Save for Alex Ovechkin, Nicklas Backstrom is the best player on the Washington Capitals – and it’s been that way for some time. Seeing him on crutches, then, after undergoing arthroscopic hip surgery in late May was an unwelcome sight for Caps fans. On Wednesday, after four months of recovery, Backstrom practiced with his teammates for the first time since the operation — albeit in a non-contact jersey. Still, the star center who didn’t miss a game last season is likely to miss this year’s opener, though the a quicker return that some feared.
“There’s no timetable,” Capitals head coach Barry Trotz said when asked when Backstrom might get back into game action or lose the non-contact jersey. “Whenever he’s ready, he’s ready. I consider Nick a franchise player and you never put a franchise player at risk. When he’s ready, he’ll be ready. That will be determined by our medical staff, his doctor and more importantly, Nick himself.”
Photo credit: Chris Gordon
At this year’s Development Camp, the Capitals have shied away from the myriad of scrimmages they held under past regimes, teaching the invitees rather than pitting them against each other.
“We’re doing developing more than we are evaluating,” General Manager Brian MacLellan said. “This has been more education, more development stuff.”
Nevertheless, the team still hosted a big scrimmage at the end of camp, the anchor of the team’s annual summer fanfest. With one big chance to impress Washington’s brass, the players turned in a barnstorming, high-energy game.
One casualty of the chippiness was Chandler Stephenson‘s smile. The third-round pick lost parts of two false teeth when he was high-sticked by Marcus Basara during three-on-three play.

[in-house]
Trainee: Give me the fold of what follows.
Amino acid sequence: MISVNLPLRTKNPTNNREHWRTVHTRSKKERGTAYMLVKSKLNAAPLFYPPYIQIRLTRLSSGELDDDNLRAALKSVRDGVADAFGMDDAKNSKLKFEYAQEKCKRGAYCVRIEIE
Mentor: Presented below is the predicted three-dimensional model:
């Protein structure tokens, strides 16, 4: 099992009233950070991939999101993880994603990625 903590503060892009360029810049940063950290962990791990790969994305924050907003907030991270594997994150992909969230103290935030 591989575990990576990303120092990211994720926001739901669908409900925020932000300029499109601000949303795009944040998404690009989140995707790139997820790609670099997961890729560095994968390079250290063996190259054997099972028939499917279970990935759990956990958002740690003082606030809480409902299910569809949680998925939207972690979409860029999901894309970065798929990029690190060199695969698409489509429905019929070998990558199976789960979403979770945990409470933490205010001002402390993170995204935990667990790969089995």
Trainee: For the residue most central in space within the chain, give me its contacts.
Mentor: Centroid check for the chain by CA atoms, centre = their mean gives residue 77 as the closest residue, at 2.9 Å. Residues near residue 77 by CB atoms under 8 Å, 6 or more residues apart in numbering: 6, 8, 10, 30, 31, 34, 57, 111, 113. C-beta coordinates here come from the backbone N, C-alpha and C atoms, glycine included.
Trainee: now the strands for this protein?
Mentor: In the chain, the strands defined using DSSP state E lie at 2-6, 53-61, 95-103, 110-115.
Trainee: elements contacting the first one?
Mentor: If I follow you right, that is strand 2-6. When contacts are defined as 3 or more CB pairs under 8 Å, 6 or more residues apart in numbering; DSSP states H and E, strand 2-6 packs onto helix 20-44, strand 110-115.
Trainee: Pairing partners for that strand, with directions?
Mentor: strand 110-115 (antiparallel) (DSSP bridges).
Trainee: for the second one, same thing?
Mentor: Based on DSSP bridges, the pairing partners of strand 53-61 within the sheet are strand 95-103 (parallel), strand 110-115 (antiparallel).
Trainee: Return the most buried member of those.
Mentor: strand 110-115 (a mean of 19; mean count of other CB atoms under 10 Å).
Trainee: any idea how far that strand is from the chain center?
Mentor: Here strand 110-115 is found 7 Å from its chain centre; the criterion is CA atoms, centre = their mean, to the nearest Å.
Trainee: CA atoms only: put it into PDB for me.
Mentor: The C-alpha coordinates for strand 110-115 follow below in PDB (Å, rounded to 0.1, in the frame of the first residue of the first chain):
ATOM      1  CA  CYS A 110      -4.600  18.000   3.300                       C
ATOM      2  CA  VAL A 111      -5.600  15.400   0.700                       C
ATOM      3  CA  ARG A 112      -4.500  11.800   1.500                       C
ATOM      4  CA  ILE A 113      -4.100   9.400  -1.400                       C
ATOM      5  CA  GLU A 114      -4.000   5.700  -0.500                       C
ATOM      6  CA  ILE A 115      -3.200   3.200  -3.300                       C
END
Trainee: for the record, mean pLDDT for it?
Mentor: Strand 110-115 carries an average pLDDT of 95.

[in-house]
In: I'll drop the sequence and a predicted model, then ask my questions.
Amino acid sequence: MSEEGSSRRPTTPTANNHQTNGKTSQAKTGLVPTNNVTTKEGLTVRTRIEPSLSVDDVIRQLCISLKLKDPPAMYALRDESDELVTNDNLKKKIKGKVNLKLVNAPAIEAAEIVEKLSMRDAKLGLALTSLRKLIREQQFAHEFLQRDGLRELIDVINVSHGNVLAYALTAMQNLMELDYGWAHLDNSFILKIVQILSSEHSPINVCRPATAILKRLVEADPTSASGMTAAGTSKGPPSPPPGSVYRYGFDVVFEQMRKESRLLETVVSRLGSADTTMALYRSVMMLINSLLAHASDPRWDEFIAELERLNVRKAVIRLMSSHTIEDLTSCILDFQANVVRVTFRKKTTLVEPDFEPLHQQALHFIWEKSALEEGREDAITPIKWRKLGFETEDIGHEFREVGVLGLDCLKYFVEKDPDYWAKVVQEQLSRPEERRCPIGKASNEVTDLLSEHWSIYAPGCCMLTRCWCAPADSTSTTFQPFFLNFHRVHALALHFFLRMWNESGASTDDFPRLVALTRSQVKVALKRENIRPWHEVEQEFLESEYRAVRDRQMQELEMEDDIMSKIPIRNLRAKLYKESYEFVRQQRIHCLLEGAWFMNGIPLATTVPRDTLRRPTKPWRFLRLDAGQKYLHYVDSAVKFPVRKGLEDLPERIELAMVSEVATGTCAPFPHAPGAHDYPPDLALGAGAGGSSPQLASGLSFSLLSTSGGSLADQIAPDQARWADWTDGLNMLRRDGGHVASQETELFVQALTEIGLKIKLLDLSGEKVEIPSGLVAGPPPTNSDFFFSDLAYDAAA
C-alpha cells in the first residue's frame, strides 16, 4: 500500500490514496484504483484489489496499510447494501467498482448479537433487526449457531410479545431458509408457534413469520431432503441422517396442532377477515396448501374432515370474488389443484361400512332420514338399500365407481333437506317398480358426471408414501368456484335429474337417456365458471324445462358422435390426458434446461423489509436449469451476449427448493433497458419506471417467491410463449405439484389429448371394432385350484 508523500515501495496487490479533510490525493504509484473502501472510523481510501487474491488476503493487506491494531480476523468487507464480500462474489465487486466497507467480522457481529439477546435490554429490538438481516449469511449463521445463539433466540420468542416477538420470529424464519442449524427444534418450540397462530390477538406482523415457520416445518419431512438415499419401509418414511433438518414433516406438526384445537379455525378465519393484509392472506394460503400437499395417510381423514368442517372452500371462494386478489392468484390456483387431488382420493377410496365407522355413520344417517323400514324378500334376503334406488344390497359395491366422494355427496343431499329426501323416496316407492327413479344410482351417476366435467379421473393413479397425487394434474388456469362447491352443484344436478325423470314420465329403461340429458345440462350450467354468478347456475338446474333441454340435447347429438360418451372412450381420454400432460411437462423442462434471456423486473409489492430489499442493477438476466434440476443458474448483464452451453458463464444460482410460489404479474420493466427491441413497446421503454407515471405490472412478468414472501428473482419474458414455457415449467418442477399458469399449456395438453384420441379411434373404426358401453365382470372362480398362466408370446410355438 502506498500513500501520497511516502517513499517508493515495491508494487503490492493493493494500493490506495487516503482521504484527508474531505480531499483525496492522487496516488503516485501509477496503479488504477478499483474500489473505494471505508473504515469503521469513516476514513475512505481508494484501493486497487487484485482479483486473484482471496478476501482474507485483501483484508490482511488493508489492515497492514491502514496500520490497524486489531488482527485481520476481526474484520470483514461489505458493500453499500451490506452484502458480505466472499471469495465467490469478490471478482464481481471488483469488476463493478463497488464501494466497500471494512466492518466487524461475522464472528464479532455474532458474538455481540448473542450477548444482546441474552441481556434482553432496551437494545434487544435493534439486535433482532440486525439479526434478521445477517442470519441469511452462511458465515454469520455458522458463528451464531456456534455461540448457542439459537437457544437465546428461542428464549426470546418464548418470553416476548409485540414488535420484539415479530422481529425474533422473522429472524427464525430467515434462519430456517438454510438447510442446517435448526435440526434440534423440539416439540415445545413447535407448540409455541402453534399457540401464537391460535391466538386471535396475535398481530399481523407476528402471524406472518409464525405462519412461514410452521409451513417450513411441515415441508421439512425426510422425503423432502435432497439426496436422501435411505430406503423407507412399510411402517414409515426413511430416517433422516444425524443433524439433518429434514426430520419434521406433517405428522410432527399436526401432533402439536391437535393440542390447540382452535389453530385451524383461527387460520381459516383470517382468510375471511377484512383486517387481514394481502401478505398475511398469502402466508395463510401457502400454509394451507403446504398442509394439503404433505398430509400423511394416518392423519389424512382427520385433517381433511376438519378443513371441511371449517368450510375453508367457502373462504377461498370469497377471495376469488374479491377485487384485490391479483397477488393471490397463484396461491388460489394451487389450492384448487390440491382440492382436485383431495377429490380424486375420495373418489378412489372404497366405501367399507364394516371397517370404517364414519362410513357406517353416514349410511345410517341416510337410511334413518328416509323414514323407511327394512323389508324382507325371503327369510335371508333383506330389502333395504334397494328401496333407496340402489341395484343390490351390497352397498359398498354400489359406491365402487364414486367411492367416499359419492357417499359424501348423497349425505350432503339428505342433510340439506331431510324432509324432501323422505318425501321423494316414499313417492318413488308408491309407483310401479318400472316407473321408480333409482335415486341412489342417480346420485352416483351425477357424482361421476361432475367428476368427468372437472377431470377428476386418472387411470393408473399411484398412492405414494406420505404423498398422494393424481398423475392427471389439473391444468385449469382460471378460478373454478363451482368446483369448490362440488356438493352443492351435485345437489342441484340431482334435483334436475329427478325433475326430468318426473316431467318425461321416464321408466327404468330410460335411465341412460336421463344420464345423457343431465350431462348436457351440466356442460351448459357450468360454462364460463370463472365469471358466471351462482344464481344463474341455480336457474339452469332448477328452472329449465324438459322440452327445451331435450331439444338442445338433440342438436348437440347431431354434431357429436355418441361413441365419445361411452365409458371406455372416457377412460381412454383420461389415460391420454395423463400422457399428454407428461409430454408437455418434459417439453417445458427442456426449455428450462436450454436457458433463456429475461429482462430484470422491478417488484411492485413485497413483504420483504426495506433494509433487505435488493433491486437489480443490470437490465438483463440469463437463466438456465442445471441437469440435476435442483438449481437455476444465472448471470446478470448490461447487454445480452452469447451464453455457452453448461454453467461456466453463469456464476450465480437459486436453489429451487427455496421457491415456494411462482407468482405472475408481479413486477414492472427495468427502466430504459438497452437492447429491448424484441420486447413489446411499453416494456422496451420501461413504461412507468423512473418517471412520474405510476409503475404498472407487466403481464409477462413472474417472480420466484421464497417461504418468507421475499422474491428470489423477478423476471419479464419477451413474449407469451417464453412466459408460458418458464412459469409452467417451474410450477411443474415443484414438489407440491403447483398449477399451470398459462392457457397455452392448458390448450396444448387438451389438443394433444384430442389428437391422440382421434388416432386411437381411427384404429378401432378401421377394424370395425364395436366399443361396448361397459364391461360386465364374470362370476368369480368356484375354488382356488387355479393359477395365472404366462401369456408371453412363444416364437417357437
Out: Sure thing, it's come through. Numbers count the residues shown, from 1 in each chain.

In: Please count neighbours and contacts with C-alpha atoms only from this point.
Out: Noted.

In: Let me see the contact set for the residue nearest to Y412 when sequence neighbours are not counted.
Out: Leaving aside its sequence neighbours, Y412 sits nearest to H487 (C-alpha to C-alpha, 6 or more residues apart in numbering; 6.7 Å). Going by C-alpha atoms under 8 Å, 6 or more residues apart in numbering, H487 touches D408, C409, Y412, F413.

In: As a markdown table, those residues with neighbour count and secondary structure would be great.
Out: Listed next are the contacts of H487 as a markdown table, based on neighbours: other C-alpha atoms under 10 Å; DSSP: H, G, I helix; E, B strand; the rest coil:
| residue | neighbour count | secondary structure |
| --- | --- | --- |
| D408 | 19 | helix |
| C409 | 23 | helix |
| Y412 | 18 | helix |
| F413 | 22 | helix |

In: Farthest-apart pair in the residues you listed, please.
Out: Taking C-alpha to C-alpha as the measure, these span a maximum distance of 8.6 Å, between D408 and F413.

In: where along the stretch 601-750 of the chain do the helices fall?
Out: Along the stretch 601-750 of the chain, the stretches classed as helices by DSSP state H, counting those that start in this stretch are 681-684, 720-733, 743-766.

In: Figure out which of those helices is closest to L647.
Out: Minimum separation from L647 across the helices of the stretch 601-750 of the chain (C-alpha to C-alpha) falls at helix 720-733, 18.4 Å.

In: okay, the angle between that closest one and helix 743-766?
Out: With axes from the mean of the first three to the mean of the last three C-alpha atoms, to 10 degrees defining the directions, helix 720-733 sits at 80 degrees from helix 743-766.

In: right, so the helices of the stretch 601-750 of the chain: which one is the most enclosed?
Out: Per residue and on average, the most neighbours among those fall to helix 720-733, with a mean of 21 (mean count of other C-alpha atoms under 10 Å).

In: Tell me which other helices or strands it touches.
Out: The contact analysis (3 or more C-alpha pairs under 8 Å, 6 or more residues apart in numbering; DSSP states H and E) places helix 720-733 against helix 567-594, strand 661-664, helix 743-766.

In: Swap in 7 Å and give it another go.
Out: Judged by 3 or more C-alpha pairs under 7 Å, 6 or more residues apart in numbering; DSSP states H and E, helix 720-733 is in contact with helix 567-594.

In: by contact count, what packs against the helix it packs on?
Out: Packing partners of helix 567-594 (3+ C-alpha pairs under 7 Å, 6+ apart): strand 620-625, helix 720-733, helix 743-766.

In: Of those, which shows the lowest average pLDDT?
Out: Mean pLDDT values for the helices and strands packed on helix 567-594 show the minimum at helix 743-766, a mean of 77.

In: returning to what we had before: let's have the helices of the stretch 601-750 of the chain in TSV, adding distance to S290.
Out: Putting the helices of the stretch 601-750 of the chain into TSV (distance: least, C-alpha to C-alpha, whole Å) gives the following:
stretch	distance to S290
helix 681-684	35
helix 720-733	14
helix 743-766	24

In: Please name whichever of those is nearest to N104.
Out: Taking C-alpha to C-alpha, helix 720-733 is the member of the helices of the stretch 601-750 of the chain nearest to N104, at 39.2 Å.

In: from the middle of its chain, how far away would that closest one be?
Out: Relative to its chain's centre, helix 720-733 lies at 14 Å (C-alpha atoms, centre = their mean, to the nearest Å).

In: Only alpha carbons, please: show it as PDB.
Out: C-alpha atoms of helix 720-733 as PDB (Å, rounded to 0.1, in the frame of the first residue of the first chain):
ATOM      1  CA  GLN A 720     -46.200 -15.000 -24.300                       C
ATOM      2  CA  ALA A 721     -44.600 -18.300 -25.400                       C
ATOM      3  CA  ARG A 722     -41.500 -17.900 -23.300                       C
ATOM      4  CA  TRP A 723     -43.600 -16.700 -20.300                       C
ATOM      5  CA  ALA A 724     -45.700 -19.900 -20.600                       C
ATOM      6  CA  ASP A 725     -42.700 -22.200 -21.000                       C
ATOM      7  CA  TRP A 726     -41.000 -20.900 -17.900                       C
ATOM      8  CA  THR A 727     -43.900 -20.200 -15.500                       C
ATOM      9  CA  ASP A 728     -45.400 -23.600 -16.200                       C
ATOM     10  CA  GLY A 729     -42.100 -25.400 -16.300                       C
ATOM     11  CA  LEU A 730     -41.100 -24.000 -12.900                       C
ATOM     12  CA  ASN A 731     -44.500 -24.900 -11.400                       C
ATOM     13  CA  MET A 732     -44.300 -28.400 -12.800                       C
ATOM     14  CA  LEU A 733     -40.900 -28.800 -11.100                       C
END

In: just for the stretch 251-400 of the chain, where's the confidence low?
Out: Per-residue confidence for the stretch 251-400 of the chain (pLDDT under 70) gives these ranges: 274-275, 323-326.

“I didn’t see the stick but just felt my head go back,” Stephenson said. “My front four are already fake. It’s going to be interesting to see what mom says.”
Andre Burakovsky during last year’s rookie game. (Photo: Chris Gordon)
Preparation for 2014-15 NHL season begins this week as rookie camps kick off around the league. Capitals’ camp will start today, and will end next Tuesday with a 3PM rookie game that has been held every (non-lockout-shortened) year since the Caps’ re-build.
Andre Burakovsky is the best Caps prospect yet to play a game with the big club (Photo: Elsa/Getty Images).
With rookie camp upon us, RMNB presents the new edition of its semiannual prospect rankings.
Prospect rankings factor in a player’s potential, his probability to reach his ceiling (including an assessment of that player’s adaptation to NHL’s style of play), and physical and mental maturity.
The Caps prospect pool is considered top-heavy, with four Caps prospects ranked in top-50 league-wide by both Corey Pronman and NHL.com. However, there’s believed to be a significant drop-off in talent after that. While Capitals management has tried to make their prospect pool deeper, they’ve still got work to do. The Caps are considered thin at center in particular, underlined by auditioning their two top wingers for a center slot.